By Cipriana of Urbanbushbabes.com
There is nothing more frustrating than sealing your ends only to have them look like tumbleweeds a few days later. Now since I wear my hair in updo protective styles 24/7 my tumbleweed moments have become a distant memory but I can relate to all of you who love to wear your hair out or rock protective styles freeform. The featured picture above shows my ends in two different states. The ‘Before’ picture:
is the end of one of my twists just washed with conditioner, then immediately ends are sealed, left to air and worn down for two days. The ‘After’ picture:
These are my ends two days later done with the same exact steps and treatment except tweaked with a special technique I created. If you are experiencing dry ends just a few days after sealing I may have an easy, longer lasting solution that will work for you.
Our ends tend to go haywire on us quickly because they are the oldest (and therefore most fragile) part of the hair. And the curlier the strand the more difficulty sebum has lubricating your ends. Sebum is the natural oils your sebaceous glands secrete to lubricate scalp and hair. Sebaceous glands are microscopic glands in the skin throughout most of the body, but mostly populated on the scalp and face. They actively moisturize our hair but, because of the curly road sebum has to travel, it may not even reach your ends. Remember, it is much easier for the oil to run down a wavy or straighter strand versus extremely curly which is why it is important to have a regular sealing routine.
Now you may be thinking ‘YES, I have implemented a regular sealing routine into my regimen but WHY after just a few days have my ends turned into tumbleweeds? How can I assure a longer lasting sealing routine?’ Below is the breakdown of the WHY and what you can actually do about it.
Dry, Frazzled Ends
As I mentioned earlier the ‘Before’ picture is the end of one of my twists just washed with conditioner, then immediately ends are sealed, left to air dry and worn down for two days. YES, just after two days of wearing my twist down ladies, my ends take on a very straw like feeling. Now for those of you who know me, you know good and well I do not wear my hair down, but I wanted to demonstrate the effects wearing my hair down have on my ends, even when sealing. So, if your hair is relatively healthy and you are experiencing a similar affect your ends may not be damaged, but just appear to be.
Part of the reason is porosity levels and density of your individual strands. Even though my strands are normal porosity levels I still deal with absorption issues. My hair is a sponge so products dissipate very easily, add the fact that my strands are super fine and can fray on my clothing, and this translates to ends breakage if I wore my hair down on a daily basis. Of course you can seal every other day, but that may not be an option for those with hectic schedules.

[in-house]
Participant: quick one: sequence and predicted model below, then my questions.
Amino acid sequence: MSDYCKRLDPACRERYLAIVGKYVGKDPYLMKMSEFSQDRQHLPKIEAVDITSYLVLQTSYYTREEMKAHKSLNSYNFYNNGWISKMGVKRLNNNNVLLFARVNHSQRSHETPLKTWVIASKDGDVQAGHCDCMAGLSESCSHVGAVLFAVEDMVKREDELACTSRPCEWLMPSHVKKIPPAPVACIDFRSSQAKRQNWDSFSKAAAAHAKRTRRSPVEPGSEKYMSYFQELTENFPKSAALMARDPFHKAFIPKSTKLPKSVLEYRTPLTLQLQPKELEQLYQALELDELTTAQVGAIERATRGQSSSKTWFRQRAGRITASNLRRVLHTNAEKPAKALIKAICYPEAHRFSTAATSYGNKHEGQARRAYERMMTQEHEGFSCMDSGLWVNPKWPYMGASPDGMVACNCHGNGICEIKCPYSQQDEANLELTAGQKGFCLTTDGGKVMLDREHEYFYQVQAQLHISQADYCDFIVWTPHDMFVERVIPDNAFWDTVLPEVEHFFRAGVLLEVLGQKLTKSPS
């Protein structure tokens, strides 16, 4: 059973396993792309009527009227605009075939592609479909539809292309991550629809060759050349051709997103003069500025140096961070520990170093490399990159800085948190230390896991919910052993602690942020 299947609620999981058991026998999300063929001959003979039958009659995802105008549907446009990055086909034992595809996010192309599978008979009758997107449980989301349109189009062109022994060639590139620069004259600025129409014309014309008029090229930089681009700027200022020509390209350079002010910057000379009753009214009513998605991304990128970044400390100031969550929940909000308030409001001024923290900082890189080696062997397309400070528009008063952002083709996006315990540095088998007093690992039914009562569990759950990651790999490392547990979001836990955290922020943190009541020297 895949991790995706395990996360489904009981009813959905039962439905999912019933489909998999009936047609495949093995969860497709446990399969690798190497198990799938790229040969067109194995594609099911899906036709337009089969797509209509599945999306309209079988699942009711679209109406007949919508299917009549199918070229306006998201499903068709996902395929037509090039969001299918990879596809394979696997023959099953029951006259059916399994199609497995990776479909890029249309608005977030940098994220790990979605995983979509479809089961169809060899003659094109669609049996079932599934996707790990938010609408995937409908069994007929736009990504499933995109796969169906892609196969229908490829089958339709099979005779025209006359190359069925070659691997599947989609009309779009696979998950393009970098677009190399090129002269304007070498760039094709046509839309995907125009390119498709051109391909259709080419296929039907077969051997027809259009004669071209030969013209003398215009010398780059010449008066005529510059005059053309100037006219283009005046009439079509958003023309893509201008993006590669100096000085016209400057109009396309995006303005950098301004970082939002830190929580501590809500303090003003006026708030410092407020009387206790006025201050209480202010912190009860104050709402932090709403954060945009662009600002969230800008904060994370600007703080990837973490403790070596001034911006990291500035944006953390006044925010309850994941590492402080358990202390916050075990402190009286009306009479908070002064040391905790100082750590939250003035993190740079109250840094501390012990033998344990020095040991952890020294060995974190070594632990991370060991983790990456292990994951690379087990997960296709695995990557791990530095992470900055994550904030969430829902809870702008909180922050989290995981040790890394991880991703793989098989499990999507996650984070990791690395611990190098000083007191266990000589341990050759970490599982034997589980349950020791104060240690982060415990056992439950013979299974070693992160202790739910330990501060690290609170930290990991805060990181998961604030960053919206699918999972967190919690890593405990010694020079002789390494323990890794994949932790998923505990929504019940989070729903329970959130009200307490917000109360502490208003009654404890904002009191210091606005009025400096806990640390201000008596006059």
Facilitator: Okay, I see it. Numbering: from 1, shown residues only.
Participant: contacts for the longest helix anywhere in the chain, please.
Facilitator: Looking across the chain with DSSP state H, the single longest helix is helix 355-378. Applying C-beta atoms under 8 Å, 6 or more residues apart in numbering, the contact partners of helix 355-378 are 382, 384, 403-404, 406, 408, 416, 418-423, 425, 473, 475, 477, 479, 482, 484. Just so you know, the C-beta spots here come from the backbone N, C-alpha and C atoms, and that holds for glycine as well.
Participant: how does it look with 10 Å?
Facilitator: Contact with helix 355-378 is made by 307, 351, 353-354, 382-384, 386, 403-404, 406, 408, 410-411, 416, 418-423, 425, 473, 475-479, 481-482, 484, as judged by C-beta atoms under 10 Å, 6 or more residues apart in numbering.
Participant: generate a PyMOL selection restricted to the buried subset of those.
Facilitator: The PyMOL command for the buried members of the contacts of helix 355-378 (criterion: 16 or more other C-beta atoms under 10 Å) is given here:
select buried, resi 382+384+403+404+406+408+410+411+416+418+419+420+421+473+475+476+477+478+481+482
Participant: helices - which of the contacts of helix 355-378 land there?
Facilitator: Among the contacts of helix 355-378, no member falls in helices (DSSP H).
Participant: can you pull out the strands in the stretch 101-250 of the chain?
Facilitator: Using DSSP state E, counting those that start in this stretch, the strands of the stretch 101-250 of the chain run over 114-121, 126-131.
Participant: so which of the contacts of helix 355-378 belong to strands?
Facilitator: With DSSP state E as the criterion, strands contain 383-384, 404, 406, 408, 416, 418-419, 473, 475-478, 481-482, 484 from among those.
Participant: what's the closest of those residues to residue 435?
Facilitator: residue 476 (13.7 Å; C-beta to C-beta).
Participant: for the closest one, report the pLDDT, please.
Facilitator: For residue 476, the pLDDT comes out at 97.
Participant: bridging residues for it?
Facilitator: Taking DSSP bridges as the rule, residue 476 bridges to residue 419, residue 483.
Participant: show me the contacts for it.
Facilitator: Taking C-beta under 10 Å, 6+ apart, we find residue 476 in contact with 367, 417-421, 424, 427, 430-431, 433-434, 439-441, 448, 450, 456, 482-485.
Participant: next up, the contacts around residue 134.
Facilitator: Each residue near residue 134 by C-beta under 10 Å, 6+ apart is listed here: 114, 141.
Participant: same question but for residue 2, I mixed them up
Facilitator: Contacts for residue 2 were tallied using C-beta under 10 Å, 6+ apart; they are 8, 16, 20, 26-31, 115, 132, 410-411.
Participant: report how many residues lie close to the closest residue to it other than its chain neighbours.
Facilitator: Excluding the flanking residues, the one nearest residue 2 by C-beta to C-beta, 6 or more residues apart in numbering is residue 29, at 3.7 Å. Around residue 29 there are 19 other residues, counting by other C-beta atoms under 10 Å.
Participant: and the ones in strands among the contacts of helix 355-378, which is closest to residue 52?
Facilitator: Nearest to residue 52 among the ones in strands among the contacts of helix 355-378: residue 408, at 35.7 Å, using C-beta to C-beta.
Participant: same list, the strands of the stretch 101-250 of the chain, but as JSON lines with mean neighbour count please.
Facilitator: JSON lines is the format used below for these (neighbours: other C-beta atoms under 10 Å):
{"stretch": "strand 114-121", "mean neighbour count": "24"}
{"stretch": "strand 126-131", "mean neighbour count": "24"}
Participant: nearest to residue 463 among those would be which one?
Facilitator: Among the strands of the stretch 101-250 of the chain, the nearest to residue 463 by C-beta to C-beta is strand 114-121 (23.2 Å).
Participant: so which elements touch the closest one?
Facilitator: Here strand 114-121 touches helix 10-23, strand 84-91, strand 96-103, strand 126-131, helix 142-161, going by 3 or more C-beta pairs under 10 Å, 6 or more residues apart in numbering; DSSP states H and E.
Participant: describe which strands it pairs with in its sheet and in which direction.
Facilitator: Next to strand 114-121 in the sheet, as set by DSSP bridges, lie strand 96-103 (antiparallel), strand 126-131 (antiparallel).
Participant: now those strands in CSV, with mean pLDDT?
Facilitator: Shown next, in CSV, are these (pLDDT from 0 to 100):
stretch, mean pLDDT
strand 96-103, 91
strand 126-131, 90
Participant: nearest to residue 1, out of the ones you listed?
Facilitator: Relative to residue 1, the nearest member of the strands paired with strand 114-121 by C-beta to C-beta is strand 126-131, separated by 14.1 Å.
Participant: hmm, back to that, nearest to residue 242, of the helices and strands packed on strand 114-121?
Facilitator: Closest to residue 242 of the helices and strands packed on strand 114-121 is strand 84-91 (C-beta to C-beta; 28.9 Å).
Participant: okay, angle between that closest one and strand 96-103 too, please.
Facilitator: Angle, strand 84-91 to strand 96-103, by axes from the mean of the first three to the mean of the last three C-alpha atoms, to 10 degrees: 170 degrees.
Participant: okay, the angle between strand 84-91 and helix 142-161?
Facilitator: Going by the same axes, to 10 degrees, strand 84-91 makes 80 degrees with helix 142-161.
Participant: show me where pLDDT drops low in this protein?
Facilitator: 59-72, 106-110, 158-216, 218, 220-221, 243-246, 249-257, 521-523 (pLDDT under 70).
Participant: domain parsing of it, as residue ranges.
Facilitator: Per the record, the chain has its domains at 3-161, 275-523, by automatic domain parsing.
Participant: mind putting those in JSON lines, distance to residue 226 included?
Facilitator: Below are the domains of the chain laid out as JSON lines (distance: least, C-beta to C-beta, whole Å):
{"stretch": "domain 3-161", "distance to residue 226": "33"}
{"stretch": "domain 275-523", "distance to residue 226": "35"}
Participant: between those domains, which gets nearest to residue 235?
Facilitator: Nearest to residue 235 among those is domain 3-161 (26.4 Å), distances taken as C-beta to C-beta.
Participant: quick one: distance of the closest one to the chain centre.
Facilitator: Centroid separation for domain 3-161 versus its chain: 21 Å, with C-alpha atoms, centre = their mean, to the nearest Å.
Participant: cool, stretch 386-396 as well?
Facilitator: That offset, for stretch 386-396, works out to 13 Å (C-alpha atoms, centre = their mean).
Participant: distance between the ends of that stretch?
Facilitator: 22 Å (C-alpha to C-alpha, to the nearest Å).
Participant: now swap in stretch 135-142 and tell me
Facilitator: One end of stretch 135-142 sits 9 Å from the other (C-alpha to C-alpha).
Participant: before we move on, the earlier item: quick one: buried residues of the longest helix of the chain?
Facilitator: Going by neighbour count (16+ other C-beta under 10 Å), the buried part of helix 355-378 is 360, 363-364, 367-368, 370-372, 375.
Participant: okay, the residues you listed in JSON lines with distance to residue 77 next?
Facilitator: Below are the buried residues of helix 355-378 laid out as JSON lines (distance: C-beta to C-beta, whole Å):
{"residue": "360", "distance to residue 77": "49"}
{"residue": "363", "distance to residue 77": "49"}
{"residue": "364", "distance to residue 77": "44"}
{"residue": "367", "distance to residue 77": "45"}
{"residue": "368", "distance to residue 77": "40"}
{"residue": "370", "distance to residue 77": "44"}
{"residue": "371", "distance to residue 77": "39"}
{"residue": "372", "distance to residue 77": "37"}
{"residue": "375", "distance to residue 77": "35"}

5 years ago I created a technique which I call ‘Operation Protective Seaweed’, consisting of 6, quick and simple steps for refreshing your ends and turning those tumbleweeds into seaweeds.
Operation Protective Seaweed
Tools & Ingredients:
Your favorite sealing product
Part the hair and twist into 6–12 chunky twists. If you have super thick/dense hair try 10–12 twists.
Take one sectioned off twist and saturate your ends with the water bottle. To keep the rest of your hair dry place the nozzle directly above your ends.
Once your ends are fully saturated with water, squeeze the excess water from your ends with your fingers only. Draining the excess water from your ends gives them a longer lasting seal. When you place any type of product on soaking wet hair the product will most likely drip away and not have a chance to hold on to your ends and create a barrier to protect them.
Generously place your favorite oil or butter onto your ends
- Bobby Pin:
Now place your thumb in between the bobby pin and proceed to wrap your ends along one side of the bobby pin like this:
Placing your ends along one side of the bobby pin creates a miniature size clamp. Once you have finished wrapping, place the bobby pin in the chunky twist right above the wrapped area. This assures extra hold. Remember that the hair is at a more fragile state when wet due to water weight so the wrapping should be firm but not tight.
- Air Dry:
Let ends air dry and unravel. Before you unravel I would recommend placing extra oil or shea butter on the wrapped ends before removing the bobby pin. As I mentioned before your ends should be firmly placed around the bobby pin but not too tightly. If done correctly you should be able to slide your ends from the bobby pin by unclamping the bobby pin, and sliding your ends gently from the pin. Depending on the bulk of hair you have wrapped around the bobby pin your ends might resemble this coily pattern once they have fully dried. The ‘After’ picture is the natural pattern of my hair when stretched.
*Repeat steps 1–6 one twist at a time. This way your ends are guaranteed to have the same results and benefits versus trying to do all your twists at the same time. Also let ends completely dry before you remove the bobby pins. Less manipulation and making sure ends are completely dry will only increase better results.
Keeping your ends tucked and left to air dry after you have sealed versus leaving them down and left to air dry produces more sound results in a longer lasting sealing method. This method I created is just another version of the tucking method but amplified for even longer lasting sealed ends
This method sounds really effective! Thanks Cipriana for sharing this! Ladies, have you tried this? How do you seal your ends?